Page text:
You can engage with people, publications, and groups who use similar hashtags to you, attend the same events, or share similar content to increase your engagement. If you follow peers, clients, and prospects, they may follow you back and broaden your own audience.

 

What to Post on Twitter and How Often to Post It

Another important feature of Twitter is the hashtag (#), which is a means of classifying content. You can search by hashtag to find relevant content on a given topic or event. For example, if you attend a conference for financial professionals, the event likely has its own hashtag. You can then search for that hashtag to find what others are posting about the event, or you can hashtag it yourself so that others can find your tweets from or about the conference.

With Twitter, unlike LinkedIn or Facebook, you can post frequently without coming across as a spammer because the posts are short and the nature of the platform is so immediate. Between the frequency and immediacy, Twitter is an excellent way to deepen your existing client relationships.

 

Get Social

Social media can be scary. There are so many platforms to use, each with their own functionalities, purpose, and vocabulary. But getting started is the first step, and as with anything, practice makes perfect.

If you take the time to develop a strong social media presence, your relationships with clients and prospects will undoubtedly become stronger. It pays to log on and get posting.

Hartford Funds offers a number of resources on LinkedIn for financial professionals. Whether you prefer a workbook, webinar replay, or podcast episode, we’ve got you covered when it comes to building a better brand and prospecting with LinkedIn. Find these materials and more in the practice management section of hartfordfunds.com.

If you want to keep up with the latest content from Hartford Funds, follow us on LinkedIn, Twitter, and Facebook. We would be thrilled to share our insights, webinars, photos, and all things #HartfordFunds with you.

 

Be a Social Media Leader by Being a Follower

Top financial influencers on Twitter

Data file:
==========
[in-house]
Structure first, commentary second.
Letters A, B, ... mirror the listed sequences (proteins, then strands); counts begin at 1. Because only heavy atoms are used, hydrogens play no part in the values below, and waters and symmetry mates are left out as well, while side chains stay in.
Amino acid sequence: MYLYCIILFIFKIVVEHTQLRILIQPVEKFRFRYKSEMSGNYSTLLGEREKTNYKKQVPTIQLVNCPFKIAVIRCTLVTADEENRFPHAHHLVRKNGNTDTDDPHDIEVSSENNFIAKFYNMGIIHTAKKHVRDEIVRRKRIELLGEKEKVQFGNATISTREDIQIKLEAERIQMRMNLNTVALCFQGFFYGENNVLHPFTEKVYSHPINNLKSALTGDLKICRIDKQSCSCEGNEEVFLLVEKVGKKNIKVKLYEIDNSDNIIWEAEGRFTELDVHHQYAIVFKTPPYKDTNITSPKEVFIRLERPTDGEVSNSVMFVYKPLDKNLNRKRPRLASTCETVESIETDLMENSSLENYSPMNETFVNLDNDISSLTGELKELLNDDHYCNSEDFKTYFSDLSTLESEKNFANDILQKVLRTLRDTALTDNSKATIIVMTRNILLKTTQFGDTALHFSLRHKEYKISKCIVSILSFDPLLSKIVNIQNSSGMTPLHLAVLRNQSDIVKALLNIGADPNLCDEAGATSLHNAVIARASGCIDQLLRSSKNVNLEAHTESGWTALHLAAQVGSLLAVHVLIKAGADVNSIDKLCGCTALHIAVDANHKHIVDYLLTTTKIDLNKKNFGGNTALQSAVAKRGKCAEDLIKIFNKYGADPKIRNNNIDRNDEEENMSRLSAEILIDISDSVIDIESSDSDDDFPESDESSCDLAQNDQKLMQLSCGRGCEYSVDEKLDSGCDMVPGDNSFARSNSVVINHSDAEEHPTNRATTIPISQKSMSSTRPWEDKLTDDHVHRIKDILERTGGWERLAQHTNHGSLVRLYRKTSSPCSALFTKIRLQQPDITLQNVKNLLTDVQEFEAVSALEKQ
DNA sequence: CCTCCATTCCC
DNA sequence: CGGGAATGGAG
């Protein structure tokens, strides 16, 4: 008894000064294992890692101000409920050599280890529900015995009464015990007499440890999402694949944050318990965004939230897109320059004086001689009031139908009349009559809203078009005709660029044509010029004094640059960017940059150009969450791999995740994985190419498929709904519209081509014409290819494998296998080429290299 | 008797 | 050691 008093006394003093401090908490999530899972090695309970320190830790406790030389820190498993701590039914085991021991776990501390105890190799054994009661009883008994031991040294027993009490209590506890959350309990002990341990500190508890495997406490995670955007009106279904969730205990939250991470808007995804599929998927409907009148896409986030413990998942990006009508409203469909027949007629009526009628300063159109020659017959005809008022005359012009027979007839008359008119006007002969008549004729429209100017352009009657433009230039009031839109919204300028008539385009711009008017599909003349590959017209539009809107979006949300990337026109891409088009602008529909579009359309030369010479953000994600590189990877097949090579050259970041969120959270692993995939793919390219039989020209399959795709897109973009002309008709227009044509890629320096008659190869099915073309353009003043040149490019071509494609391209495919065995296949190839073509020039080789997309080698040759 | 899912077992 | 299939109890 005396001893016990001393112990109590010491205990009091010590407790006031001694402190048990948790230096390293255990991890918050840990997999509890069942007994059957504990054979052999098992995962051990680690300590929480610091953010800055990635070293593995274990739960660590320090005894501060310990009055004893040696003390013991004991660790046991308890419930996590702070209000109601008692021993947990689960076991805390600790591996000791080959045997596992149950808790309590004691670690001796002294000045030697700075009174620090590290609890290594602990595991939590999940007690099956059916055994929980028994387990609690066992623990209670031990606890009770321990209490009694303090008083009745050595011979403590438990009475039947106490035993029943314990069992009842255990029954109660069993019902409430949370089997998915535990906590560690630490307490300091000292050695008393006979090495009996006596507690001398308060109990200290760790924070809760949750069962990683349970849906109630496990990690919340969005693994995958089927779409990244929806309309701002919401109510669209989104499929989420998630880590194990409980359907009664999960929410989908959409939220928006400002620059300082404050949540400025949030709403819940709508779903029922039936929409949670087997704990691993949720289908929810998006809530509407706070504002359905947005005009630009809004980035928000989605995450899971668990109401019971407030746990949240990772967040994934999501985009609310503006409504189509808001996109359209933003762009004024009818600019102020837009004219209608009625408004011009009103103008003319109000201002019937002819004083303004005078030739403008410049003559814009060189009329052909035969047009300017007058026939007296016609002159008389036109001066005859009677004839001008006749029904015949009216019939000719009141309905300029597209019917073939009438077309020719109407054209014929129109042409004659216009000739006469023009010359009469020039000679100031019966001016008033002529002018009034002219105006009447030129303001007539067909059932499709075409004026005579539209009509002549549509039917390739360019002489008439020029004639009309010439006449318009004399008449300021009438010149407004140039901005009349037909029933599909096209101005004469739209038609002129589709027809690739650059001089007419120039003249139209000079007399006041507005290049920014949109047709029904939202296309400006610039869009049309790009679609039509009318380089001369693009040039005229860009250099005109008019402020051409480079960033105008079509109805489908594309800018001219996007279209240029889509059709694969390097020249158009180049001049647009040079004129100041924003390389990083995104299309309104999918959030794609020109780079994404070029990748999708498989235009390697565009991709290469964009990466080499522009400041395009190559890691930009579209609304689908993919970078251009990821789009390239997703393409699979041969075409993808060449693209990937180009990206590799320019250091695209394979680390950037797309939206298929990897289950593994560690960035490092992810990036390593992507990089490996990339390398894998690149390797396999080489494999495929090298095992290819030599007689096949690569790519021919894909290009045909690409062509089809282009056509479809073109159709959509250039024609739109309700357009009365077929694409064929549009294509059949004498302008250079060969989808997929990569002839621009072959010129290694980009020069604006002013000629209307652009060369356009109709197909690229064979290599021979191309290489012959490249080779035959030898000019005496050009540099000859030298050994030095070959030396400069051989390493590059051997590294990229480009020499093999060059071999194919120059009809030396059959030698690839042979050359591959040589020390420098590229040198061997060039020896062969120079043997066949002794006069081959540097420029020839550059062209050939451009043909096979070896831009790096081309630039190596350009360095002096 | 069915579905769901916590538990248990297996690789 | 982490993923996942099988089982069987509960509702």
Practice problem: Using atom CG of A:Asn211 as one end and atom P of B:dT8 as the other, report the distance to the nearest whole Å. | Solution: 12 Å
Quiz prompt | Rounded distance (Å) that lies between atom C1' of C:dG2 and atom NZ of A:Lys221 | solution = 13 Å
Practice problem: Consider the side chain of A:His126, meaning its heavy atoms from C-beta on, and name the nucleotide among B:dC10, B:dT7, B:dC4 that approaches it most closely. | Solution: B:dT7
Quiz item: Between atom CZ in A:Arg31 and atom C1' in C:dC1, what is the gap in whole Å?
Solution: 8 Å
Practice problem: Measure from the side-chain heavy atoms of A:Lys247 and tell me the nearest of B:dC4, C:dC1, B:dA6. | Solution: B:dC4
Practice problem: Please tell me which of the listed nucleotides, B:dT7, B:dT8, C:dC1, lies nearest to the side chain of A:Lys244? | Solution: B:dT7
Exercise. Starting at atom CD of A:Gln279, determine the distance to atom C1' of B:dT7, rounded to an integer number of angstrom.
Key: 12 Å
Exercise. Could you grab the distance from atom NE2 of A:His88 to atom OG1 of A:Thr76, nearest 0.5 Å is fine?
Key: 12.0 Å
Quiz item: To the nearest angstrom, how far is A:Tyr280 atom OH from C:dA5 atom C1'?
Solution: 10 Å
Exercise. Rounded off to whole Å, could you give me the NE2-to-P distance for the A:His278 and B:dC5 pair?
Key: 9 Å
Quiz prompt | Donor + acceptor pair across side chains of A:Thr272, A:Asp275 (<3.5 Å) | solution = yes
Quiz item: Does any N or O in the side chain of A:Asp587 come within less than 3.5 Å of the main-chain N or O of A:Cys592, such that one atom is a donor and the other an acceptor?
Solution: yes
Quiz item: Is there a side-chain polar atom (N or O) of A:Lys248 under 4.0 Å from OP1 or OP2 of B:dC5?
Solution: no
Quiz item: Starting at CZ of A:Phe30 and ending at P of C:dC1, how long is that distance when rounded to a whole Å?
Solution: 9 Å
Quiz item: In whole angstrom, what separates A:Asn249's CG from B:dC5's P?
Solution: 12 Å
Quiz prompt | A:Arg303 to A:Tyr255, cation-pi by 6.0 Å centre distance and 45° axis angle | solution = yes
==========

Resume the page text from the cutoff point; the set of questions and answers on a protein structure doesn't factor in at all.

Twitter Handle Expertise Description
@ritholtz Wealth Management Director of Cognitive Dissonance, ritholtzwealth.com Chair/CIO Bloomberg.com/opinion/, Masters-in-Business radio podcast host
@sophiabera Generation Y Financial planner focusing on Generation Y
@JosephCoughlin Demographic trends Director, Massachusetts Institute of Technology AgeLab
@MoneyNing Personal finance Blogger focusing on retirement and financial goals
@EricBalchunas ETFs Senior ETF Analyst for @BloombergIntelligence, “ETF IQ” on @BloombergTV, “Trillions” on iTunes
@susanweiner Business writing Writer-editor and chartered financial analyst (CFA) who helps financial professionals increase the impact of their writing on clients and prospects.
@sherylgarrett Financial planning Founder of the Garrett Planning Network, a nationwide network of hourly based financial advisors
@MstarETFUS ETFs Director of Global ETF Research, Morningstar
@BethKobliner Personal finance Journalist, author, and personal finance expert
@business Economic news Reports financial and economic news

 

For more information on building your brand with social media, visit the practice management section of hartfordfunds.com


1 Always consult your firm’s social media policies before using social media

2 Investor’s Business Daily, “For Financial Advisors, Social Media Needs To Be Part Of Their Portfolio,” 2/24/20

3 Pew Research Center, “Social Media Fact Sheet,” 6/12/19

4 Pew Research Center, “Mobile Fact Sheet,” 6/12/19

5 Financial Advisor, “92% Of Advisors Using Social Media To Gain New Clients,” 4/8/19

Hartford Mutual Funds may or may not be invested in the companies referenced herein; however, no particular endorsement of any product or service is being made.

This material is provided for educational purposes only.